preface to going out in daylight*

Napoleon & the Classic Negroni

Today at we pay homage to process. possesses great reverence for process, the act of methodically and thoughtfully working through an undertaking. That undertaking could be as simple as brewing an espresso or writing a thank-you note. There is something highly satisfying about applying process to these tasks. Do we buy our coffee beans already roasted and ground, or do we roast them at home then grind them seconds before brewing the espresso? Do we type out a thank-you via email or do we fill a fountain pen with ink, cut a piece of mulberry paper and construct an envelope by hand? It all depends on your process and the qualities you want in the finished product.

In making the movie Napoleon, Ridley Scott was all about process. You will also see this in his iconic movie Blade Runner. (Scott did not direct the Blade Runner sequel, 2049, but we can add that movie’s director, Denis Villeneuve, to the pantheon of process masters.) Even if you don’t care about European history, or you prefer your movie-going experience devoid of battle scenes, gore and violence, you might embrace Napoleon if you are a student of process.

Scott’s attention to process shines through in three particular aspects of the film: the deep love between Napoleon Bonaparte and Jos├ęphine de Beauharnais; the epic battles orchestrated by Napoleon in Austerlitz and by Wellington in Waterloo (not to mention the Napoleon-led Siege of Toulon); and Napoleon’s escape from exile in Elba. Perhaps I should have taken this movie as an opportunity for leisure or to receive a narrative, but throughout the movie I was always acutely aware of process: the process by which Scott builds then tears down Napoleon and Jos├ęphine’s attachment, engineers CGI to recreate the cornering of soliders and horses onto a frozen lake, and portrays the utter boredom that begets strategy in Napoleon’s great escape from Elba. The effect of process in this movie was delicious, awful and heartbreaking.

I took my elderly parents to see Napoleon. My mom shrinks from movie violence (even though she can’t get enough of graphic news programs). My dad can’t sit still through movies and has the habit of talking loudly during them. And yet they were in awe of Napoleon. My mom didn’t bat an eye at beheading and cannon balls blowing through flesh, and I wasn’t sure my dad was still in the theater considering I didn’t hear a peep from him. Was this the effect of process? pairs Napoleon with another object of process, the classic Negroni. The Negroni is among the simplest of cocktails. It consists of equal parts of three ingredients: gin, red bitter liquer, and sweet vermouth. Process, however, has the potential to transform simple into extraordinary.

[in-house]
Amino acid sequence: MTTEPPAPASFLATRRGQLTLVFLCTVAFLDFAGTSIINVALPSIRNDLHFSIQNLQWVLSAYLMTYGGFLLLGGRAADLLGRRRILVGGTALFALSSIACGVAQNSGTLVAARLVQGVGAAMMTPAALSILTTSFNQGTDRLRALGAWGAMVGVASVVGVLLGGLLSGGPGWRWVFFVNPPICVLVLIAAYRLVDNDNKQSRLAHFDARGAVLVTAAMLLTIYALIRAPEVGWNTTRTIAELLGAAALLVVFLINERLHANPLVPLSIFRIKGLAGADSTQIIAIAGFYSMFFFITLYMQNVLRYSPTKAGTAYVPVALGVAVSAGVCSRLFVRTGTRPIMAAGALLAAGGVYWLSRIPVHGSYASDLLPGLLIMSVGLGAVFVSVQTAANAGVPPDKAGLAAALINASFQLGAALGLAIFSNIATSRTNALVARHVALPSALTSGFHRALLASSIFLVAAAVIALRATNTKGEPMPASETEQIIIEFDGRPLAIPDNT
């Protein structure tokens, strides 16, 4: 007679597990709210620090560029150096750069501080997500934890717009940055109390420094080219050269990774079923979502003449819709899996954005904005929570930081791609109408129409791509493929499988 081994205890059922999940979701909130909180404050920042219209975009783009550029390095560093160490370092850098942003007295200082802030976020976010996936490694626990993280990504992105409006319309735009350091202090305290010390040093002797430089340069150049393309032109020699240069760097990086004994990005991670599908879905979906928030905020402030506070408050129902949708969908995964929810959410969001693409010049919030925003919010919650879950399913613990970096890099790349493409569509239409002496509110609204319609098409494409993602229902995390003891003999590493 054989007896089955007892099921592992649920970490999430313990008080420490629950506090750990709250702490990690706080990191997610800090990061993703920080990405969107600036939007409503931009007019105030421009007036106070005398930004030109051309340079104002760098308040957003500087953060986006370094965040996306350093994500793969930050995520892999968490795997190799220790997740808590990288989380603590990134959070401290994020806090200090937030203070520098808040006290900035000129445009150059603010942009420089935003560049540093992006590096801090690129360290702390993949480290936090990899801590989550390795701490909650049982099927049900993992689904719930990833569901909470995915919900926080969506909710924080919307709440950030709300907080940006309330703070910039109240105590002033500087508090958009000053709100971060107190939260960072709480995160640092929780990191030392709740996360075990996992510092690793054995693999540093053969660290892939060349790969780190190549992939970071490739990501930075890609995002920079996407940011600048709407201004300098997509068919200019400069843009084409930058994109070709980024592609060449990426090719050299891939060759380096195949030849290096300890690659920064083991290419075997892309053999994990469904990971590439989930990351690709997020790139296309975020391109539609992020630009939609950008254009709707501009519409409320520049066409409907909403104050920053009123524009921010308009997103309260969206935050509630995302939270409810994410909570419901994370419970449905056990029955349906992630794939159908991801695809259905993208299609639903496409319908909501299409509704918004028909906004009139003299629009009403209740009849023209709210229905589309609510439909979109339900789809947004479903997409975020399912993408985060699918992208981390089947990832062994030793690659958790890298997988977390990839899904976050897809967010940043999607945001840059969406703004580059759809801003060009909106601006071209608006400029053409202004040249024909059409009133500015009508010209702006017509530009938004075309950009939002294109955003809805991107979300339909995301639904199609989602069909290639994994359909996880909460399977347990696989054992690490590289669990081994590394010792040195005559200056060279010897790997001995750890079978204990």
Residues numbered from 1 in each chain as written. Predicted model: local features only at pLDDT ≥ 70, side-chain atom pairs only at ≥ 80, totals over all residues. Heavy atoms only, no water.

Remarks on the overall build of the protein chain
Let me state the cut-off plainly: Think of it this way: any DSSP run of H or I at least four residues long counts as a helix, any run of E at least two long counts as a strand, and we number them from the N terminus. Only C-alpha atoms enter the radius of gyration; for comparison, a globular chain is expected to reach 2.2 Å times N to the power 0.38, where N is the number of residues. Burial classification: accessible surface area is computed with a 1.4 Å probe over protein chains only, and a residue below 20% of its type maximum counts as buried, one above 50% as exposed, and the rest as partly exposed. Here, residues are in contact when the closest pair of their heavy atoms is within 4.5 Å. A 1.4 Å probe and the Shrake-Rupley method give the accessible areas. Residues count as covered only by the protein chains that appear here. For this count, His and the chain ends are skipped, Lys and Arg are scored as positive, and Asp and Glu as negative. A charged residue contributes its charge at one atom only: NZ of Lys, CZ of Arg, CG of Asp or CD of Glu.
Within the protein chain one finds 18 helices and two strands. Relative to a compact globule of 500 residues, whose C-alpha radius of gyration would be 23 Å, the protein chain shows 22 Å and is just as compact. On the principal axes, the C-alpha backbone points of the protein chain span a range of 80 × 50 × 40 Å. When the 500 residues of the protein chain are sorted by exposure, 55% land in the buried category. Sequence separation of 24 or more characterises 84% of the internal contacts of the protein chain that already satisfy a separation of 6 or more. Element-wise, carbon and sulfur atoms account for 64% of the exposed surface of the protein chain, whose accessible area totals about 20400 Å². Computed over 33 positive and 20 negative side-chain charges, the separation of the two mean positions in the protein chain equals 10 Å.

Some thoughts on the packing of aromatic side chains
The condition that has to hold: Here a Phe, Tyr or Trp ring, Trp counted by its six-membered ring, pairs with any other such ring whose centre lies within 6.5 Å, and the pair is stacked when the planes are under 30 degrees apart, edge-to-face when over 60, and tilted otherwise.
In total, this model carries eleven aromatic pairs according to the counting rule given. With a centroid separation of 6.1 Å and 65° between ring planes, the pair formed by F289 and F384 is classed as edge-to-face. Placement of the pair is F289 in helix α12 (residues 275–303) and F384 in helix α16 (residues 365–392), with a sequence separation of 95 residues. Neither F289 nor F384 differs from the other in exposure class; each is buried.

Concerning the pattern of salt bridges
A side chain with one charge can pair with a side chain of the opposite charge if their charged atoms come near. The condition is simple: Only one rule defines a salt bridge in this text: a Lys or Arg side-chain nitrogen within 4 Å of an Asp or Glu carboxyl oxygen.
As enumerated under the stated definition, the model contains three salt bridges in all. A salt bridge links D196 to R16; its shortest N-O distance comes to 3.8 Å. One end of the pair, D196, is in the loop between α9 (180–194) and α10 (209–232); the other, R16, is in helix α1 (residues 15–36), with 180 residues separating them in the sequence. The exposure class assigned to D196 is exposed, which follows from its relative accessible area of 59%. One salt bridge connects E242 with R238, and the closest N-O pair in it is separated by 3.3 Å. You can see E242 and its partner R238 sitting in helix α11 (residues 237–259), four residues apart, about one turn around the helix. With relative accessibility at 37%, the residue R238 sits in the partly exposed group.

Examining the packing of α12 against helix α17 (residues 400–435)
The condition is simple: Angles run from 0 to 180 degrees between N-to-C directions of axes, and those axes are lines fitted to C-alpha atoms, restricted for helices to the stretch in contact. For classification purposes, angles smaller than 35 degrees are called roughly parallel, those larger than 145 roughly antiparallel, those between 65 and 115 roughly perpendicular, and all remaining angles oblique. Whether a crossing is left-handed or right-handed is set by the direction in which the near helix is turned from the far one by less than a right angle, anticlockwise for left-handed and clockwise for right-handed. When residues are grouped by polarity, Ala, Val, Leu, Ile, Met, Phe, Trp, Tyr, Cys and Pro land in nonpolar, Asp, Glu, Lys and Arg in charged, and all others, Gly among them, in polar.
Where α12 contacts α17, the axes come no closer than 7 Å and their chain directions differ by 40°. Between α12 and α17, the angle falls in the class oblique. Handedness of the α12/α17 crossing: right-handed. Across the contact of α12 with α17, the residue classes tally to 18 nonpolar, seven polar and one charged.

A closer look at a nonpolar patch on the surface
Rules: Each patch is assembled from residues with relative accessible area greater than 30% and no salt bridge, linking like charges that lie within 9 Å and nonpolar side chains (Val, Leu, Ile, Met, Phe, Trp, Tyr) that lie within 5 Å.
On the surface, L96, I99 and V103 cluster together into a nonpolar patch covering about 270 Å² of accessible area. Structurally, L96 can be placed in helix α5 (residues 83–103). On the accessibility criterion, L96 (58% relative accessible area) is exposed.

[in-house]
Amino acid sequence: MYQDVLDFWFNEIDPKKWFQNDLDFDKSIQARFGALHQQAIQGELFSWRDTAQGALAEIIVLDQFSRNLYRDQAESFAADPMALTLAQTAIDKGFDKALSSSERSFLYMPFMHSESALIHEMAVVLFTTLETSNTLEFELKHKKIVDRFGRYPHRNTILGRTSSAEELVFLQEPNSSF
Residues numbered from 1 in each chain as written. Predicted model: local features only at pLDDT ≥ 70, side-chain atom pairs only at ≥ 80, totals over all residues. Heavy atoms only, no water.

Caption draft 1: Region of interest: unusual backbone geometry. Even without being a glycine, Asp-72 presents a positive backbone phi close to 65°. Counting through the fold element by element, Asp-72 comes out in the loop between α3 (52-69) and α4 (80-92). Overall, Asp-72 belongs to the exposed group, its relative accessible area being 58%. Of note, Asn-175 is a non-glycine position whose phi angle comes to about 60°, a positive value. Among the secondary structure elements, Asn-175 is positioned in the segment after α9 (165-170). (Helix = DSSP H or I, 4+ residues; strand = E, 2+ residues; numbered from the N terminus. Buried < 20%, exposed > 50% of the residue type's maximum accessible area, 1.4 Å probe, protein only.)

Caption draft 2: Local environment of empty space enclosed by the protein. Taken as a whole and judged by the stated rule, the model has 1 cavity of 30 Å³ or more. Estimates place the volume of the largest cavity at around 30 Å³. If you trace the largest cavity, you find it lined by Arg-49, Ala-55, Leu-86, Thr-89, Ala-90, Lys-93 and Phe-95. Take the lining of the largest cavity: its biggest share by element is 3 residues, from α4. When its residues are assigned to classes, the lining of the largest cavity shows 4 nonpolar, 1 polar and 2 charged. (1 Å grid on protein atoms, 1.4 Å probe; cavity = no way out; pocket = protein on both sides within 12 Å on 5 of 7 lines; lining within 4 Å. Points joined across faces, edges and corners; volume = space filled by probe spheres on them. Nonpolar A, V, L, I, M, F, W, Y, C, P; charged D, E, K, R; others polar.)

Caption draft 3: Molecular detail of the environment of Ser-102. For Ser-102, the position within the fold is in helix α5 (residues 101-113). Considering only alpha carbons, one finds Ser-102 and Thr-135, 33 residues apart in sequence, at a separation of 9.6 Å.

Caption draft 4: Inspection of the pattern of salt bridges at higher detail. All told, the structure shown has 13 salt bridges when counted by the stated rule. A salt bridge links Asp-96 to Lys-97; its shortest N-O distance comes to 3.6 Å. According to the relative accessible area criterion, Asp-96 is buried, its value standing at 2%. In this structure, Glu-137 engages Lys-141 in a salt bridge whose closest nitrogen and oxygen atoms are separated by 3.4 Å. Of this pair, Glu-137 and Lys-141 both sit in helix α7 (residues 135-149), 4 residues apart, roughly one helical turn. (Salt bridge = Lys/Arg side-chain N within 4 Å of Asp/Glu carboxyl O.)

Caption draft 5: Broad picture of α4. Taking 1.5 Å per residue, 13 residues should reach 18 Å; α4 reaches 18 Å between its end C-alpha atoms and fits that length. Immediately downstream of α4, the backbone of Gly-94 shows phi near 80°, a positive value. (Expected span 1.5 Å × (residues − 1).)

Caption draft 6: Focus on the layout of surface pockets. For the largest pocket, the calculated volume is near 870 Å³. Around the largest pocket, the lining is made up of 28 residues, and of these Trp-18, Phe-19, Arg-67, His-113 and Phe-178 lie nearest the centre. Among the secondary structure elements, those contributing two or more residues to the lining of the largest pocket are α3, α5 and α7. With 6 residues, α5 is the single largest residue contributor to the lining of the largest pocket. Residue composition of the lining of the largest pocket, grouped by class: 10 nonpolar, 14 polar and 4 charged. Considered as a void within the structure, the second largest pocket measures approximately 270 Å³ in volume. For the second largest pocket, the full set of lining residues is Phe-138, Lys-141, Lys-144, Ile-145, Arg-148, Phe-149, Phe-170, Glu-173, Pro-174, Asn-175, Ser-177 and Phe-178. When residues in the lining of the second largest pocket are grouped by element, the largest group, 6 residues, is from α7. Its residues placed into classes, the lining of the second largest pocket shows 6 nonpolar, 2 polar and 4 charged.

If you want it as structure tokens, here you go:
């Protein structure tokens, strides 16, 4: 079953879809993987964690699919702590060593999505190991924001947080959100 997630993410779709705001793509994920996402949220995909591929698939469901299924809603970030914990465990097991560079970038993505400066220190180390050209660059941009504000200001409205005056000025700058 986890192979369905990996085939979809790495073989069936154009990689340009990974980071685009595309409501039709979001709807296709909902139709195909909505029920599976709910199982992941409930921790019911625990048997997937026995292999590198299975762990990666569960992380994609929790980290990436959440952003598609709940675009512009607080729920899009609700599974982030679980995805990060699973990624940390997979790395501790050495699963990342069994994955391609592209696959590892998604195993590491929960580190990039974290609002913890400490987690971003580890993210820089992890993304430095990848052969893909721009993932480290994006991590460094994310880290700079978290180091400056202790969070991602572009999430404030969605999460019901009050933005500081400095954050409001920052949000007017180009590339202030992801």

The Negroni starts with your choice of gin. Many traditionalists will use only Tanqueray Sevilla Orange. There is, however, a universe of craft gins out there. And then there is the very divisive question of red bitter liquer. Are you in the Campari or Aperol camp? As for sweet vermouth, mixologists argue about whether it should hail from France, Italy or Spain. Now we come to putting the cocktail together. Do you shake or stir? Ice or no ice? Garnish or no garnish?

All of this is up to you. shares its process for the Negroni only as an example. If you try it, we’d love your feedback.

  1. Arrange three equal shot glasses on your bar. In the first, pour Durham Distillery‘s Conniption American Dry, envisioned and made by a lovely group of women. In the second, pour Campari. chooses this over Aperol for its bracingly bitter bite. In the third, pour Boissiere sweet vermouth, developed in France but made in Italy, chosen as a nod to Napoleon’s connection to both countries.

2. Place a large ball of craft ice in a cocktail shaker. Pour the three shots over the ice. Gently stir the mixture with a cocktail spoon in only three revolutions.

3. Pour your cocktail through a strainer into any glass with a thin lip and solid base. Cut a half moon of blood orange. Eat the flesh and keep the rind. Twist the rind to release the oils and rub it around the rim of the glass then perch the rind on the glass’s lip.

4. Drink and daydream about the 18th century.

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